On the streets and on the road: identity in transit in TurkishGerman travelogues on screen
Abstract:As with the iconography of exilic and diasporic cinema generally, the TurkishGerman cinema of the 1970s and 1980s featured images of captivity and claustrophobic spaces. More recently, in tandem with a shift away from the tendency to represent the migrant as victim, this cinema has portrayed its protagonists as on the move, either within urban environments or in transit between Turkey and Germany. Focusing primarily on this last category of film, the article will examine the significance attaching to such transnational journeys. In some cases they serve mainly as a means of narrative closure in the form of enforced (or even self-imposed) deportation; while in genuine road movies the journey from Turkey to Germany may be represented in miserabilist terms as one of pain and despair or more positively as one of quest and self-assertion. In Fatih Akin's films, particularly In July, Head-On and The Edge of Heaven, where the protagonists journey in the reverse direction (from Germany to Turkey), transnational travel entails a quest either for redemption or for new forms of identity.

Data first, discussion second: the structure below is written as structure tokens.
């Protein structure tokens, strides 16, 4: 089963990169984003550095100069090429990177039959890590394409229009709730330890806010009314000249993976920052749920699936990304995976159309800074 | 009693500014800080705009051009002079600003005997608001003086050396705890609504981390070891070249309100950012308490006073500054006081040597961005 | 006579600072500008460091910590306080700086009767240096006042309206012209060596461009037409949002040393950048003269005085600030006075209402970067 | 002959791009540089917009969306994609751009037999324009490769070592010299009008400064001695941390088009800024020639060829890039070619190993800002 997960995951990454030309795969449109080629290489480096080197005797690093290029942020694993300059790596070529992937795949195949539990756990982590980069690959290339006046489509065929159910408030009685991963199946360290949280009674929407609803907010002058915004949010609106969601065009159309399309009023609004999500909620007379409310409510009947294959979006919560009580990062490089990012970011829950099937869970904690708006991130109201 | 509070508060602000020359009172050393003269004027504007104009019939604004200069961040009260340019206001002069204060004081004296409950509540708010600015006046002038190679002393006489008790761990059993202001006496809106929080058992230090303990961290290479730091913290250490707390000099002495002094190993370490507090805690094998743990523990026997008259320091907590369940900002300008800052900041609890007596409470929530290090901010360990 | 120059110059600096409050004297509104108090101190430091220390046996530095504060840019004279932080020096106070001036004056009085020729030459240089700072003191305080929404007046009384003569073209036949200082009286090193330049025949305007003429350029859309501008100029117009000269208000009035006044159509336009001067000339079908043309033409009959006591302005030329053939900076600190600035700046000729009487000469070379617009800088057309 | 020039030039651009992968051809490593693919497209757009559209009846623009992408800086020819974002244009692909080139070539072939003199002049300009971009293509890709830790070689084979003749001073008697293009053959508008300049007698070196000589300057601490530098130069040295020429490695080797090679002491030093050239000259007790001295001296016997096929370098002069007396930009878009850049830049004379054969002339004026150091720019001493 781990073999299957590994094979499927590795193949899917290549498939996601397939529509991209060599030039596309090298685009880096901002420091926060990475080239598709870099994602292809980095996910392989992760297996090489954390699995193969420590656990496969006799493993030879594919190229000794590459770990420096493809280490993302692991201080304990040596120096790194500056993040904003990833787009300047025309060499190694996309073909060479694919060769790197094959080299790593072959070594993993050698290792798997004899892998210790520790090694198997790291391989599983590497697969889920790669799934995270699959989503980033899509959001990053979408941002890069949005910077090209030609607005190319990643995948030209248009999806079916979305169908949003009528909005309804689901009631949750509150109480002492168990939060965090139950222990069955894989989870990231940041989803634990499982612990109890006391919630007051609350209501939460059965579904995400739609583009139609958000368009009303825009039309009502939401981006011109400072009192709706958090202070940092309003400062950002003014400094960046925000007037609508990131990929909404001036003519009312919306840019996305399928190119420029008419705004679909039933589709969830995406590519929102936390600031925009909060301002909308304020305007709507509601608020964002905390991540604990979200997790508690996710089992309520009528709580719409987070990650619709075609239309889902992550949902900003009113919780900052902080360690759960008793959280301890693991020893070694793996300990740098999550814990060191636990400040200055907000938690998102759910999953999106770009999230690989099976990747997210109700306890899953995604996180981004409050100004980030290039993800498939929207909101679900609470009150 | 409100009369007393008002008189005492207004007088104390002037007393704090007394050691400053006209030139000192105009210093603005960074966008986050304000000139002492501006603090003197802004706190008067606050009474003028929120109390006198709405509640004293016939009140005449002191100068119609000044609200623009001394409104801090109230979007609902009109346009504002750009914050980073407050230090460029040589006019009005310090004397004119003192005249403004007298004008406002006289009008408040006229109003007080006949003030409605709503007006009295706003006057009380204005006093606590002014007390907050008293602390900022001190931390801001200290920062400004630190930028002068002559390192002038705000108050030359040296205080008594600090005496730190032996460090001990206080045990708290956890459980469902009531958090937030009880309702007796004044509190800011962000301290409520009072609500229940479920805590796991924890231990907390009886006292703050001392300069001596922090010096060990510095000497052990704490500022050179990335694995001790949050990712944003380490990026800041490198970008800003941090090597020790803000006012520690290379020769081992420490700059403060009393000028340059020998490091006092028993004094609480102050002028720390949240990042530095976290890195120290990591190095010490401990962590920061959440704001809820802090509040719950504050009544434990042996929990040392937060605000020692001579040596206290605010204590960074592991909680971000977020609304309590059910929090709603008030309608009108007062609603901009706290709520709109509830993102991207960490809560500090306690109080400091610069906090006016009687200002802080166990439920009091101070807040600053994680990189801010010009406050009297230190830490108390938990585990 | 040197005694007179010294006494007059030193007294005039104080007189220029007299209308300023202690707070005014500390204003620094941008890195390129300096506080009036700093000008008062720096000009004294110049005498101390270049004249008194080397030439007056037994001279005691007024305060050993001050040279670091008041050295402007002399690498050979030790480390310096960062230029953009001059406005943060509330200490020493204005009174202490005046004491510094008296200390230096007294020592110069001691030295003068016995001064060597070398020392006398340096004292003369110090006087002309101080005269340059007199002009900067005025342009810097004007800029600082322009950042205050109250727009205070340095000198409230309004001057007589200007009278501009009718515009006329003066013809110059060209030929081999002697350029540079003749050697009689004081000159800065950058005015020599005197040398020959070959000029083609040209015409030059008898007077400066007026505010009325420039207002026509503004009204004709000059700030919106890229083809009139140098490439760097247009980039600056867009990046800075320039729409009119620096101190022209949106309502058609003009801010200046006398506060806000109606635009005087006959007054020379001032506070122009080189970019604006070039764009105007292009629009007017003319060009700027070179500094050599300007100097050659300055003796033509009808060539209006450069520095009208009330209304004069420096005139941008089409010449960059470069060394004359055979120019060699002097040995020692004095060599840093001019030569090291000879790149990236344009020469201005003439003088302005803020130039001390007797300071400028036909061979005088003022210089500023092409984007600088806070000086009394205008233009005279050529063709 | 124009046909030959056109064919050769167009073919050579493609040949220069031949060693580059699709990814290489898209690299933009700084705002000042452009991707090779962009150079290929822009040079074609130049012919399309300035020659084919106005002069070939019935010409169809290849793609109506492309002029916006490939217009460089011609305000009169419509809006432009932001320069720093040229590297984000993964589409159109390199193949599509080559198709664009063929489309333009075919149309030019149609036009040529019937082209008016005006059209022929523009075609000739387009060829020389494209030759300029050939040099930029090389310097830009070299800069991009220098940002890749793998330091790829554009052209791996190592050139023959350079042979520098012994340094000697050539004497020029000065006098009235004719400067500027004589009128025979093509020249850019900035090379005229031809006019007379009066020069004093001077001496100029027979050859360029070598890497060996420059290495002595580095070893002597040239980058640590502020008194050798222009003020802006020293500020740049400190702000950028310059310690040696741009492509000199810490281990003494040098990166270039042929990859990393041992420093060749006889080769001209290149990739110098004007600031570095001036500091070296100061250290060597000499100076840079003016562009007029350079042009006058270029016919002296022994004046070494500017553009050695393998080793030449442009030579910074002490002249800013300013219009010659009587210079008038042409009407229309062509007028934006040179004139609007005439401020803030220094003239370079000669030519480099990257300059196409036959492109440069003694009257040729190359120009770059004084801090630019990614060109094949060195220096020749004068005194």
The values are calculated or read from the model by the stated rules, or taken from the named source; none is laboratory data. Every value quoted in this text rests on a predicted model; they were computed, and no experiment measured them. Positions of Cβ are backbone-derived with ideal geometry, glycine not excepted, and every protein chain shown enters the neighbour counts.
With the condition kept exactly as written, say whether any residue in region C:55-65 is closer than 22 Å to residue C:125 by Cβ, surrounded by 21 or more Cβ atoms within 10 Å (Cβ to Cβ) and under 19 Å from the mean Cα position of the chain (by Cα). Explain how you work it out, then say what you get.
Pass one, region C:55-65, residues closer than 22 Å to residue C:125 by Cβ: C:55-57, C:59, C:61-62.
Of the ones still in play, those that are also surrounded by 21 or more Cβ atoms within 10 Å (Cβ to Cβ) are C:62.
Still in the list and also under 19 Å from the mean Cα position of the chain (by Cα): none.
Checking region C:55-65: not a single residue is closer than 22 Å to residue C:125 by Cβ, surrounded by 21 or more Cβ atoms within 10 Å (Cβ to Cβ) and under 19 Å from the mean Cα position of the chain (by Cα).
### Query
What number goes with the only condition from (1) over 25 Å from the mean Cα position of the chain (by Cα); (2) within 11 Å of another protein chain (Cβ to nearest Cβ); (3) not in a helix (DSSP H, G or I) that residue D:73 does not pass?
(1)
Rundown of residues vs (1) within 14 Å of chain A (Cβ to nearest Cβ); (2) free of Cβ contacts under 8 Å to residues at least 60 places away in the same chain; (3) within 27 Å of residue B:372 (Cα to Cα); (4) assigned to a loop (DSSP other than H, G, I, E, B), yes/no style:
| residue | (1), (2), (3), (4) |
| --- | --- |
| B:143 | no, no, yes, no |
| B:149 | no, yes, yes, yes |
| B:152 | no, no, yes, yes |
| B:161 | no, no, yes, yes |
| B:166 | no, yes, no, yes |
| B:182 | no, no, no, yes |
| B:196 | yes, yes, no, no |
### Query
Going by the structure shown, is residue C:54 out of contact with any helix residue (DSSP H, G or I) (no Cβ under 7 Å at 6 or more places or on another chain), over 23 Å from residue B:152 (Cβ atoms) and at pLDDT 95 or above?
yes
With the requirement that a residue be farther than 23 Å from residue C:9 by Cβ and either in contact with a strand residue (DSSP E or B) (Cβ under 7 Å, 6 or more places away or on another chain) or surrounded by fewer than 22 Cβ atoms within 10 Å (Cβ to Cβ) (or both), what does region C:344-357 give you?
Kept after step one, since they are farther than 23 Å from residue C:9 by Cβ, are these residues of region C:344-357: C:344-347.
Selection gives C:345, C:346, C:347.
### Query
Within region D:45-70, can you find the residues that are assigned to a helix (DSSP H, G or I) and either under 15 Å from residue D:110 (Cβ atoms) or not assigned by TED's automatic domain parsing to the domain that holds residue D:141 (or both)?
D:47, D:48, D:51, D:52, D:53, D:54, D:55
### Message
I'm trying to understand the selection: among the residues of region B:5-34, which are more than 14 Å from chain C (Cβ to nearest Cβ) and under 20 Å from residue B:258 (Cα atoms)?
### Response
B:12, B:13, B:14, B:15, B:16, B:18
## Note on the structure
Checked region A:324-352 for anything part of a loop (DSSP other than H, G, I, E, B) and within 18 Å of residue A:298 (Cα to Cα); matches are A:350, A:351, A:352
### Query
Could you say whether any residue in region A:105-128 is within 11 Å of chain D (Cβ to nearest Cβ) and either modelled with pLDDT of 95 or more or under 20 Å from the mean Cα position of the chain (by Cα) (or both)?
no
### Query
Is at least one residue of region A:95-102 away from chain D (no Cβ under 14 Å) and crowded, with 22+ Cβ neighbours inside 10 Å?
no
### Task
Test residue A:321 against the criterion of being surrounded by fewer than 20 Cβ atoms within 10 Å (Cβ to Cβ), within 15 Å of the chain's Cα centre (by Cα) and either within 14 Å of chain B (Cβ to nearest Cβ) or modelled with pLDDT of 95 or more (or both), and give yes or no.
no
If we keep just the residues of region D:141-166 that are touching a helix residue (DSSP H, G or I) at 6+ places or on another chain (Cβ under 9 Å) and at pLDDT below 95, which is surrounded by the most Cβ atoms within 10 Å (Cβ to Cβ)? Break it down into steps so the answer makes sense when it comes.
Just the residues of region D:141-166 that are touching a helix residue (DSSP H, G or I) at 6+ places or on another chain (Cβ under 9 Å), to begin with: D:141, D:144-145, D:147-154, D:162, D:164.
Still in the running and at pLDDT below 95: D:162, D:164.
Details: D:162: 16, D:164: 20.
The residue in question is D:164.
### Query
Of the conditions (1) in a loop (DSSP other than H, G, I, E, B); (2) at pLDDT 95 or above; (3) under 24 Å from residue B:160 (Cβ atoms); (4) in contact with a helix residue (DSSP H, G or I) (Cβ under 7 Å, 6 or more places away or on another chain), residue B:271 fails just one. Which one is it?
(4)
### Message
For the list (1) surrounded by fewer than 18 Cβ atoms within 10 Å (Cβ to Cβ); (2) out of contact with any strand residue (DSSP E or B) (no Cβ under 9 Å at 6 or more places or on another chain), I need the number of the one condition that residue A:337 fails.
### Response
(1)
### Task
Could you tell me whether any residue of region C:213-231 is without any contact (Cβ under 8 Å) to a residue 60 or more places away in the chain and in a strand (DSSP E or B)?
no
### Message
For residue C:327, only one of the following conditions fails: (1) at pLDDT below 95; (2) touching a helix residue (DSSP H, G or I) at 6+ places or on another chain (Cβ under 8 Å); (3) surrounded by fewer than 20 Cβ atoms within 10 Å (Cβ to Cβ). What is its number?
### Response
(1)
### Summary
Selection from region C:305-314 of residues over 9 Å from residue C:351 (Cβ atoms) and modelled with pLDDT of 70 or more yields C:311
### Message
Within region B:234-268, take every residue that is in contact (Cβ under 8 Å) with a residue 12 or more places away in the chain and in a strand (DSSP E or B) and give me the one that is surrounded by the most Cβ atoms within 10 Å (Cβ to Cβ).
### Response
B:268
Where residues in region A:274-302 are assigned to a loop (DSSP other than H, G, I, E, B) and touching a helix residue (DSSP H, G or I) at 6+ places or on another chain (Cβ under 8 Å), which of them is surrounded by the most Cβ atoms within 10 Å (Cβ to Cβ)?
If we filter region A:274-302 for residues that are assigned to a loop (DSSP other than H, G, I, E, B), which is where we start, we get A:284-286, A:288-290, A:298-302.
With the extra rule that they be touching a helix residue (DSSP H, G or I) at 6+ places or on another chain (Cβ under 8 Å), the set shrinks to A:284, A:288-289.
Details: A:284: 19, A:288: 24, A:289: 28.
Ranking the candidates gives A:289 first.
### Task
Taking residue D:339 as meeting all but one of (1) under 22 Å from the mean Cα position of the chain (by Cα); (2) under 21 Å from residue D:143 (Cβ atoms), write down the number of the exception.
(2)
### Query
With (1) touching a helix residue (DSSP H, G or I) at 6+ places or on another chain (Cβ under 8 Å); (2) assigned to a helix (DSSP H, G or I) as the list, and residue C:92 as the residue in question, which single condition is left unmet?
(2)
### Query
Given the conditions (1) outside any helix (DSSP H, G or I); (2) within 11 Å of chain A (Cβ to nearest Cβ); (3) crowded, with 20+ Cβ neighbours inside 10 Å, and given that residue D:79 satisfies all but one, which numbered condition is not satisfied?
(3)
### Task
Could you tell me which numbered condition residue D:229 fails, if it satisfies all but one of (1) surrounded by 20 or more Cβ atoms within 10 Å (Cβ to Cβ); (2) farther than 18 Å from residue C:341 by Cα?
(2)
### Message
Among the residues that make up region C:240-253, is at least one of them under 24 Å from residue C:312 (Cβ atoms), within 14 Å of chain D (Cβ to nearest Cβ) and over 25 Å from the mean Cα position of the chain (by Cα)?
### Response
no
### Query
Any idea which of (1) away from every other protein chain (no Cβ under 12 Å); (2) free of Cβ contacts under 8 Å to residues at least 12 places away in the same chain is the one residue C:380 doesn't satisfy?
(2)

Document Type: Research Article
Affiliations: University of Warwick.
Publication date: 2009-08-01
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